One of the most important mental disciplines is to assess yourself honestly. We are so naturally susceptible to judging ourselves according to both the flattery of our admirers and of our own ego, on the one hand, and the disdain of our detractors and our own irrational fears, on the other. It takes a lot of work to look squarely at what we actually do and what it is actually worth. Our brains are structured in such a way that emotionally our fastest judgment is a simplistic positive or negative towards whatever we encounter, including ourselves. And because of this we can think only positively about ourselves one moment and only negatively the next.
So, I concentrate a lot on looking at myself as truthfully as I can manage and it is a daily uphill climb. And tuning out the misperceptions of others is a vital part of this process. I work very hard to not judge myself by widespread misconceptions of what value does or does not consist in.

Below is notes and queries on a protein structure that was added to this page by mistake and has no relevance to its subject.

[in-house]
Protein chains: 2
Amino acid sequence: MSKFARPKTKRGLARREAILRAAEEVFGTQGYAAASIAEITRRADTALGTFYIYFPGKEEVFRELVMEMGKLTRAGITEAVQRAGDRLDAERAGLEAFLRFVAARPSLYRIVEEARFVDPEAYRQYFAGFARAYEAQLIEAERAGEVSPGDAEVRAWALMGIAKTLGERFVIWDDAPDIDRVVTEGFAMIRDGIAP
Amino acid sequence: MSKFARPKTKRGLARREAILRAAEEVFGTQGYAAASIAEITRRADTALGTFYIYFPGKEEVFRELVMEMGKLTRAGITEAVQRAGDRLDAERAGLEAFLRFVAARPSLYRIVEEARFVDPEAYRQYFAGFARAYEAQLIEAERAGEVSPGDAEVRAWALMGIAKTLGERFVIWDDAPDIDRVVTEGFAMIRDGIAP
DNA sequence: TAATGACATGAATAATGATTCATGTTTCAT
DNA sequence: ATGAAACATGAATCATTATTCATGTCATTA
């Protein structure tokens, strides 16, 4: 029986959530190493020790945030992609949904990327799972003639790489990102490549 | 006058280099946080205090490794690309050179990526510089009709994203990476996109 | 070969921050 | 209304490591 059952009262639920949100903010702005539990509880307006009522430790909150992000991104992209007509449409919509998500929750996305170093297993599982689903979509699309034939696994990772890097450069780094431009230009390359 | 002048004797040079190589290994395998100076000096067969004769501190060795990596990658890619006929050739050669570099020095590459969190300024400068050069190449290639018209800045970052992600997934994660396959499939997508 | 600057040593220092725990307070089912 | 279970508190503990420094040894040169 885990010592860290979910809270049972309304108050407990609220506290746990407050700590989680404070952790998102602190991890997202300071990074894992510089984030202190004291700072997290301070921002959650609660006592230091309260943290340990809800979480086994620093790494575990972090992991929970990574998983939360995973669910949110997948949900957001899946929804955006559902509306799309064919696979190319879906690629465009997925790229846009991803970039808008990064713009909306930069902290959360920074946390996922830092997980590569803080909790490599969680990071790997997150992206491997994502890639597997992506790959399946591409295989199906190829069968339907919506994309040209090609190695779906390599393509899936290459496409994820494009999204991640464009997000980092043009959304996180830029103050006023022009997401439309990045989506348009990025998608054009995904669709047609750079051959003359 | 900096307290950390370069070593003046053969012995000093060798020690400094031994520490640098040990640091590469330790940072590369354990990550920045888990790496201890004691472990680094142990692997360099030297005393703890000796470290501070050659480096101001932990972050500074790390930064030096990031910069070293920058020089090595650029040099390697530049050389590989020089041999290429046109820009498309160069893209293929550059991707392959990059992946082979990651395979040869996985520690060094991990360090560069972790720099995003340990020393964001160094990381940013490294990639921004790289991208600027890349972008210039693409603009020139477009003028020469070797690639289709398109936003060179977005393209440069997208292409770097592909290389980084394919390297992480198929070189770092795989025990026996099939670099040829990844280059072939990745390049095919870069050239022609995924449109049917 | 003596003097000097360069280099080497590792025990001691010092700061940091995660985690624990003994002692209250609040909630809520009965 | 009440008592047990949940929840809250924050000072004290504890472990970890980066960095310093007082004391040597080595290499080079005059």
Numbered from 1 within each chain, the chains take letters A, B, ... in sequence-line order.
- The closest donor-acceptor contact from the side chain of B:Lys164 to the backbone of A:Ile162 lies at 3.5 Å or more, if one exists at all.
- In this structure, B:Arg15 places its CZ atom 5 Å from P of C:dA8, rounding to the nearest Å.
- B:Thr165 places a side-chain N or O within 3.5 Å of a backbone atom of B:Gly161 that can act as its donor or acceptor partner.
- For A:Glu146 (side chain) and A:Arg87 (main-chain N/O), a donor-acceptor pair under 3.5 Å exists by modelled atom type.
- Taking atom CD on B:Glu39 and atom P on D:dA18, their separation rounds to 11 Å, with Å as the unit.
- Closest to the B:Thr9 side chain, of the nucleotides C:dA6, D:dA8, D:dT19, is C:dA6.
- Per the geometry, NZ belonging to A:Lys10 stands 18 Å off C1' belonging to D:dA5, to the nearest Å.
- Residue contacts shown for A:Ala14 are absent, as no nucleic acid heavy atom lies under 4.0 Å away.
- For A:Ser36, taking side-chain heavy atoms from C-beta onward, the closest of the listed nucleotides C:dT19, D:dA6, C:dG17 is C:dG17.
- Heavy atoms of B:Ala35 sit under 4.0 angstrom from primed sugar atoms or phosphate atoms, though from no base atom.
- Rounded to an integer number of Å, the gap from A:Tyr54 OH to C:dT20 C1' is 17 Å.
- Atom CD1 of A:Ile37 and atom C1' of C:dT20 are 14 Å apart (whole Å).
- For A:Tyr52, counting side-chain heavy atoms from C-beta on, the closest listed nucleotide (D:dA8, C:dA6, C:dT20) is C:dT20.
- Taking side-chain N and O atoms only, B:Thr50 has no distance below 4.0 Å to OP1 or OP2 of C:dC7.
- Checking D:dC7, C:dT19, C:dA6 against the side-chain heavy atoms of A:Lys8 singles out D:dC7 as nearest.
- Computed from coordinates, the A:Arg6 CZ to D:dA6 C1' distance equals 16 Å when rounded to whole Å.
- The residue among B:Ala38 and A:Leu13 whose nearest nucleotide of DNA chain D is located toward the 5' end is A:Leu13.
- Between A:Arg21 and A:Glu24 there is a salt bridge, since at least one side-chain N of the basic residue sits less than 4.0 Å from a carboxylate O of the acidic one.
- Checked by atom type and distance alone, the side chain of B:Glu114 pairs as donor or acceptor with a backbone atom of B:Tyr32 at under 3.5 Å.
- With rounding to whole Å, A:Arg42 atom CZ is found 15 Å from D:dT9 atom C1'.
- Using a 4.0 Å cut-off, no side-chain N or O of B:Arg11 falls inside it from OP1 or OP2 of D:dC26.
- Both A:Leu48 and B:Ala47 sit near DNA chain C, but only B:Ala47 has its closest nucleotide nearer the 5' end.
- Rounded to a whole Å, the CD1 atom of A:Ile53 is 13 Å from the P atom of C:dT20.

And so I cannot express enough my agreement with, and admiration for, JT Eberhard’s frankness about his struggles with mental illness. He is able to insist on seeing the rational truth for what it is. It is not his fault that he has a sickness. It is not anything he should be ashamed of. And it is not anything he should hide from his enemies who would want to exploit it in order to undermine his credibility by trading on resilient myths about either the weakness or the culpability of the clinically depressed.
That is what living according to the truth is like and that is what fighting for the truth is like.